Criminal, Civil Rights, and Personal Injury Cases

By FindLaw Staff on March 24, 2010 | Last updated on March 21, 2019

In Williams v. Thaler, No. 08-70046, a capital habeas matter, the court of appeals affirmed the denial of a certificate of appealability, on the grounds that 1) the district court lacked jurisdiction to entertain a second or successive habeas application because petitioner failed to move in the appropriate court of appeals for an order authorizing the district court to consider the application; 2) petitioner did not demonstrate that a Texas court would hear the merits of his third application for post-conviction relief on the grounds of unavailability of the factual basis of his claim; 3) petitioner failed to demonstrate that reasonable jurists would debate whether executing petitioner would result in a fundamental miscarriage of justice; and 4) petitioner did not convince the court of appeals, by clear and convincing evidence, that the state's discovery violations prevented him from fully and fairly presenting his case.

Good v. Curtis, No. 09-10341, involved an action claiming that defendant-officer violated plaintiff's rights under the Fourth and Fourteenth Amendments when he manipulated a photographic lineup in an effort to procure a false identification from the victim in a rape case.  The court of appeals affirmed the dismissal of defendant's appeal from the district court's denial of qualified immunity, holding that the district court correctly determined that the genuine issues of fact regarding defendant's conduct were material to the denial of qualified immunity.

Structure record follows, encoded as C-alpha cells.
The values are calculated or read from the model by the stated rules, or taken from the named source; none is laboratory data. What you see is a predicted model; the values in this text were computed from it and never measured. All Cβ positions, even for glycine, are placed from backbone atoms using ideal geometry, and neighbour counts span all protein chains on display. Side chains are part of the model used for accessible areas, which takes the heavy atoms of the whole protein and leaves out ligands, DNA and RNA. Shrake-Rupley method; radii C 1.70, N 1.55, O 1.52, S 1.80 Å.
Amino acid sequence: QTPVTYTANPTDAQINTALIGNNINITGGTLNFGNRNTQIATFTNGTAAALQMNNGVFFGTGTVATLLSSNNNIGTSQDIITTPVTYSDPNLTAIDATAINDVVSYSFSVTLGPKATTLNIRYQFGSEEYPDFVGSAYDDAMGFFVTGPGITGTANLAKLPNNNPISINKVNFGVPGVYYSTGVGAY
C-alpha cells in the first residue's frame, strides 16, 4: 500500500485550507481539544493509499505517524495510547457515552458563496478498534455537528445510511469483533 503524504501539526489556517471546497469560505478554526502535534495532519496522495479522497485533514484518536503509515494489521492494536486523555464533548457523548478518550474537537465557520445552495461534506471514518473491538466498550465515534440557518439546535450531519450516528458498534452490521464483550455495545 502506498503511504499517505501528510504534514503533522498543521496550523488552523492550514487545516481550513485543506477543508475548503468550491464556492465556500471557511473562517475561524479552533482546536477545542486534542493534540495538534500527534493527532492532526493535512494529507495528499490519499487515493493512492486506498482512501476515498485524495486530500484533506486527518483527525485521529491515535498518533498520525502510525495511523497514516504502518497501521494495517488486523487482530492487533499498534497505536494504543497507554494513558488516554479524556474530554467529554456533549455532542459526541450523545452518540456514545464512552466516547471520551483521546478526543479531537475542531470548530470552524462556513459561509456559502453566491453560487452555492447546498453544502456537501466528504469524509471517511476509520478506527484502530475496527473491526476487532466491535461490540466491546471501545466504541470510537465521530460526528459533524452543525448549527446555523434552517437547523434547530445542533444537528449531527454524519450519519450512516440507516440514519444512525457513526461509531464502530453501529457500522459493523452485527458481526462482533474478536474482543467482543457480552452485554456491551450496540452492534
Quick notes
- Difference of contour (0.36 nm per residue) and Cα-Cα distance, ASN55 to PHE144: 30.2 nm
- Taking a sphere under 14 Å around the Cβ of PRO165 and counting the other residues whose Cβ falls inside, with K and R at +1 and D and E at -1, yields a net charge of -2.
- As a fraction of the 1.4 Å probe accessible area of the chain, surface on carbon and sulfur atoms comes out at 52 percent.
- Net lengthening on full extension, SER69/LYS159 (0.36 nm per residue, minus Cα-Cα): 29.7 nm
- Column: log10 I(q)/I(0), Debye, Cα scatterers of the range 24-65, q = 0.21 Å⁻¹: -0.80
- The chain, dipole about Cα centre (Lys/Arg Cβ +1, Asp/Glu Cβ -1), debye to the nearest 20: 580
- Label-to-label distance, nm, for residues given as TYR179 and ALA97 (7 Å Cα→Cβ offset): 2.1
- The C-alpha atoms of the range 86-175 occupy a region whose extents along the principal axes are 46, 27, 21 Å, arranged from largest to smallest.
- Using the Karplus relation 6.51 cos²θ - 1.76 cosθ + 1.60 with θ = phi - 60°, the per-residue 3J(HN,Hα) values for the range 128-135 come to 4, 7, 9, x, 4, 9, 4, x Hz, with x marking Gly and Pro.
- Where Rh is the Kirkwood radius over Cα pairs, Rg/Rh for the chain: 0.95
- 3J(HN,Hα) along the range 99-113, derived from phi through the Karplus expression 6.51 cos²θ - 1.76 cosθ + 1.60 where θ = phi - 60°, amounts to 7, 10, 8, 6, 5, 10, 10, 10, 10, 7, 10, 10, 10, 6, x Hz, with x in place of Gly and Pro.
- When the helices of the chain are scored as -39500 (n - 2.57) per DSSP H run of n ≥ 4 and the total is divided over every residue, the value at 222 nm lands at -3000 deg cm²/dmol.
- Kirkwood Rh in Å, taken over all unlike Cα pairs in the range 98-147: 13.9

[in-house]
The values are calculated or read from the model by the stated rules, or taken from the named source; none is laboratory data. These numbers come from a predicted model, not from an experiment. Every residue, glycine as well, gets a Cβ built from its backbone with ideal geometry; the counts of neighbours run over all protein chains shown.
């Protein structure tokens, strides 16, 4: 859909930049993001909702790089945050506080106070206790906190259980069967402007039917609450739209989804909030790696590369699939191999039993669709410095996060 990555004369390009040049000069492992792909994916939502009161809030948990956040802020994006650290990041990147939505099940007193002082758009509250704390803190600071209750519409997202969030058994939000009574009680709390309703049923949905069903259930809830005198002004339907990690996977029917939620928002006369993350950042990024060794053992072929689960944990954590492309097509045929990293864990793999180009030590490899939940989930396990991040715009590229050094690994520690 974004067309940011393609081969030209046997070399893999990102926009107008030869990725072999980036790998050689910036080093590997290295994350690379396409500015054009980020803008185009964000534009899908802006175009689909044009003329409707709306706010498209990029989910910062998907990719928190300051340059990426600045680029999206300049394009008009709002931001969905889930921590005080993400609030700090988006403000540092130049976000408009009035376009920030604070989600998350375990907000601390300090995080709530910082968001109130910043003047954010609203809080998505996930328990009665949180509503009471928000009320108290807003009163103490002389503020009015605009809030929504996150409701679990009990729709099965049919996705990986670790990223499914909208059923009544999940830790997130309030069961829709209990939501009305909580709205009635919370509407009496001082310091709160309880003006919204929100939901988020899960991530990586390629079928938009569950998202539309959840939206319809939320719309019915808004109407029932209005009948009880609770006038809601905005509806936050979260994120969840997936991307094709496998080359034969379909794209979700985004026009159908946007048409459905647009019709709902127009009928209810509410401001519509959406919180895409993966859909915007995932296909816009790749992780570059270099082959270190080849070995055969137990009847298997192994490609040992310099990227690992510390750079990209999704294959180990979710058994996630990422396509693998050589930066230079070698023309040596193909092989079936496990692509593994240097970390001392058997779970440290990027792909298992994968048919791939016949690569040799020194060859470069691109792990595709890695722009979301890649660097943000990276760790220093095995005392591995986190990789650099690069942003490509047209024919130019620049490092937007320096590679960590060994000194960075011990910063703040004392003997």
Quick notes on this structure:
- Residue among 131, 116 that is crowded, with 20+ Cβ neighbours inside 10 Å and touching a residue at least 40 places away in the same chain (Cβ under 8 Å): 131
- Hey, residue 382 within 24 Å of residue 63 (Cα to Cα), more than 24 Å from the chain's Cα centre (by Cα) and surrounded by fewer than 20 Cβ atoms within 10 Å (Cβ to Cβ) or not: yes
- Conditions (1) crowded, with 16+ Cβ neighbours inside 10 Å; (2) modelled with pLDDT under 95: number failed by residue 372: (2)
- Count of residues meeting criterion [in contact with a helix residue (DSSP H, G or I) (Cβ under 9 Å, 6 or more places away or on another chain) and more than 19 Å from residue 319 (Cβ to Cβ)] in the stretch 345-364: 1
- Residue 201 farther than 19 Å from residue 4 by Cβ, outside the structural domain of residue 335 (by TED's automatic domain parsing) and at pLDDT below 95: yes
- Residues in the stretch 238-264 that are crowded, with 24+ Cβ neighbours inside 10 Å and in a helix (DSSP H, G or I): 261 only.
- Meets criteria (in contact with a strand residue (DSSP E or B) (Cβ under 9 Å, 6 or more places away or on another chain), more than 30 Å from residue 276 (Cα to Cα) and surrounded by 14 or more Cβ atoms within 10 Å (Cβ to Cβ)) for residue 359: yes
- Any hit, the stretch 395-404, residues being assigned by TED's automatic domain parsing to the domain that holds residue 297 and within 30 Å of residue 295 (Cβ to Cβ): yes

Martin v. Halliburton, No. 09-20441, involved an action against affiliated governmental contractors providing logistical support to the United States Army in Iraq based on the death of a US citizen working for the contractors.  The Fifth Circuit dismissed defendants' appeal from the denial of their motion to dismiss for lack of subject matter jurisdiction, holding that 1) defendants failed to make a substantial showing that their allegedly tortious conduct was within the scope of their official duties and was discretionary in the sense that it involved governmental policy-making activities; 2) the court lacked jurisdiction to review the district court's denial of defendants' claim of derivative sovereign immunity; and 3) the combatant activities exception was not subject to a sui generis exemption from the ordinary jurisdictional requirements for denials of preemption claims.

In US v. Williams, No. 09-50059, the court of appeals affirmed defendant's conviction and sentence for forcible assault of a federal officer, on the ground that a misdemeanor conviction under 18 U.S.C. section 111(a)(1) did not require underlying assaultive conduct. However, the judgment is vacated in part where the fact of physical contact with the officers was neither charged in the indictment nor submitted to the jury, in violation of Apprendi.

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